Between 2018 and 2020, Canada provided 14 times more public finance to fossil fuels than renewables, according to a 2021 study by Oil Change International and Friends of the Earth U.S.
“At a time when the oil and gas industry is flush with cash, if they want to take bets that they can meet their mission targets with CCS, let them pay for it,” said Levin, also noting the emissions reduction plan urges the sector to use its profits to reduce emissions. “But we should definitely not be using taxpayer dollars and we also shouldn't be baking it into our climate plans.”
The federal government’s promised cap on oil and gas emissions is still being discussed, but Levin says it needs to be “way more ambitious” than the 31 per cent reduction under 2005 levels by 2030 outlined in the emissions reduction plan.
“Then, oil and gas companies can figure out how to reach that target. If they can't do it through CCS, then they're going to have to ramp down production,” she said. “And we know that's what needs to happen.”
— With files from John Woodside
— With files from The Canadian Press
Natasha Bulowski / Local Journalism Initiative / Canada’s National Observer
This story has been updated to include a statement from Ian Cameron, Jonathan Wilkinson's spokesperson, to clarify Wilkinson's current stance on carbon capture utilization and storage (CCUS). It was updated a second time to further clarify the federal government's longstnading commitment to the role of carbon capture utilization and storage technology in emissions reductions.
The Liberals' bet on CCS is
The Liberals' bet on CCS is an excellent method to shovel billions of public dollars into the pockets of largely foreign-owned corporations setting record profits.
In that light, the fact that CCS captures a small fraction of emissions at high expense — with huge opportunity costs — is a minor flaw.
Neoliberalism at its finest.
“At a time when the oil and
“At a time when the oil and gas industry is flush with cash, if they want to take bets that they can meet their mission targets with CCS, let them pay for it,”. Exactly! I wish I could opt out of this greenwashed fossil subsidy when I fill out my federal income tax return! If global CO2e emissions are to reach zero (use "net-zero" if you wish, but specify the negative emissions technologies and amounts) by 2050, it is not only the production emissions of the fossil fuel sector that must fall 40% by 2030, but the total, including end use (roughly 80% of the total). The only way to reduce total fossil-fuel total emissions 40% by 2030 is to reduce production by that amount. Period! To add insult to injury, the feds have added CCUS to the list of "green" technologies eligible for low interest financing in their recently announced Green Bonds Framework.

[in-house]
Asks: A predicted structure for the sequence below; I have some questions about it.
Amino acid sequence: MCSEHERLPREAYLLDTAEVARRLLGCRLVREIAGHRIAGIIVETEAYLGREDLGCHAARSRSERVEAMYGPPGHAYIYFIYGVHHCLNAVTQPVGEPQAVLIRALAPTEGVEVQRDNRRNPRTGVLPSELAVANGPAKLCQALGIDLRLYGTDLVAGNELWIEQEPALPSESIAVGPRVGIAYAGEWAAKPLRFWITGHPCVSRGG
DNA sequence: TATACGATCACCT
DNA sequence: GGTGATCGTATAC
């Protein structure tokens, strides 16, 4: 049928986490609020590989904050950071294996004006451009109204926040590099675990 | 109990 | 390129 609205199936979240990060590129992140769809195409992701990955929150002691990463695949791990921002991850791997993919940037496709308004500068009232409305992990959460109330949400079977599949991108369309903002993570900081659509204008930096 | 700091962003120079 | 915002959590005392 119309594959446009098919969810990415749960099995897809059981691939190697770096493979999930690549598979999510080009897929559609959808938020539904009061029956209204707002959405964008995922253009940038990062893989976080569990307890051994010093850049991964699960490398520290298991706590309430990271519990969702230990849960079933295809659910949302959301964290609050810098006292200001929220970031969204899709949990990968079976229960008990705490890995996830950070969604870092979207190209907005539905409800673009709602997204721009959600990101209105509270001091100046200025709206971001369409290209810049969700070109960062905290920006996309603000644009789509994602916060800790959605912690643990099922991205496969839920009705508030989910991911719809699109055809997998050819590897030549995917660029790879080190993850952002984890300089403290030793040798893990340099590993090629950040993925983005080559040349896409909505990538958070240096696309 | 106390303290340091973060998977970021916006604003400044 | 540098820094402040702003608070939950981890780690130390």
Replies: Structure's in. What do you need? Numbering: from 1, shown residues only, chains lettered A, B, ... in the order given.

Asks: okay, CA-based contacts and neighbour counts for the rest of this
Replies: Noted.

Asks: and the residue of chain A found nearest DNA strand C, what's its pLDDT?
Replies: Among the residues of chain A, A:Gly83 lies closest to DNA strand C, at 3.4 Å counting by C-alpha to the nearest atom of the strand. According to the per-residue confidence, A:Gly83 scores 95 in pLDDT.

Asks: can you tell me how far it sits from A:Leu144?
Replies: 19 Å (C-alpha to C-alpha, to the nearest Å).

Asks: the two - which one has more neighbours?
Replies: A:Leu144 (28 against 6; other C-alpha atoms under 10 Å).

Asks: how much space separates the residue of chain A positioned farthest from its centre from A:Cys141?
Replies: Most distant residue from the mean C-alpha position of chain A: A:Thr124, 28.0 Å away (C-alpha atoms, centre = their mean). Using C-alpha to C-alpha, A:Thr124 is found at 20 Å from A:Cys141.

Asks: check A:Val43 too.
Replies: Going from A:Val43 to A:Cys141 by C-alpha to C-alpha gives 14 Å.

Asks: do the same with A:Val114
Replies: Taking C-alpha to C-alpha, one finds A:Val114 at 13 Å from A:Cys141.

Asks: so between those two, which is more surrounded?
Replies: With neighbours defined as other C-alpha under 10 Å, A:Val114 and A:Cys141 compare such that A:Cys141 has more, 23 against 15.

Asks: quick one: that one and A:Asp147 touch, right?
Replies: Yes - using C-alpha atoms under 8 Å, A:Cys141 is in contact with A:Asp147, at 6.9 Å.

If this is the science, and
If this is the science, and from past reading and research, I believe it is......then throwing tax dollars at carbon capture and storage......so that oil production can continue to rise.......is a recipe for climate disaster.
Carbon capture may form a part of our future mitigation efforts.....since the amount of CO2 in the atmosphere is already dangerously high.....and given its long shelf life......needs to be reduced in the short term to prevent the positive feedback loops of continued global warming from moving us to a place we can't retreat from. It should play absolute no part in allowing fossil fuel extraction to continue, or worse case scenario, ramp up.
The science isn't difficult, its unforgiving. Life on earth as we know it has no future if we continue producing CO2 and other greenhouse gases while pretending we can mitigate the rise by subsidies to the very industries that have brought us the present danger.
Carbon capture is a non starter. Right up there with the fantasy of filling the earth with small nuclear reactors, all of which produce radioactive waste with half life's over 200o years. If these pipe dreams are the best our government can do, to move us past the Age of Fossil Fools, we're likely done for.
Let's do what we can to see none of our public money goes into these black money pits....they represent a continuation of the problem, and aren't any part of the solution. Green technologies are here, growing cheaper by the year, and can be installed everywhere. NOW.
Visualize Industrial Collapse; Work toward Distributed Green Energy; Consume Less; Give back More.
And just maybe, listen to our indigenous people. They managed to live on this land for well over 12,000 years...without destroying land and water....perhaps they could set up some schools to take the exploiter out of us, and teach us respect for all our brothers and sisters.
That would be realistic future planning....and might lead to some restoration of forests, lakes, rivers and our oceans, all presently on the verge of collapse.
On another recent NO piece I
On another recent NO piece I tried to work out some of the costs of CCUS, given that cars and trucks alone emit 140,000,000 tonnes of CO2 annually (2015 data). It's very painful to see our governments and political parties so captured by the fossil fuel industry that they will try to give this expensive tech a financial break, like trying to fill in the Grand Canyon with a toy shovel.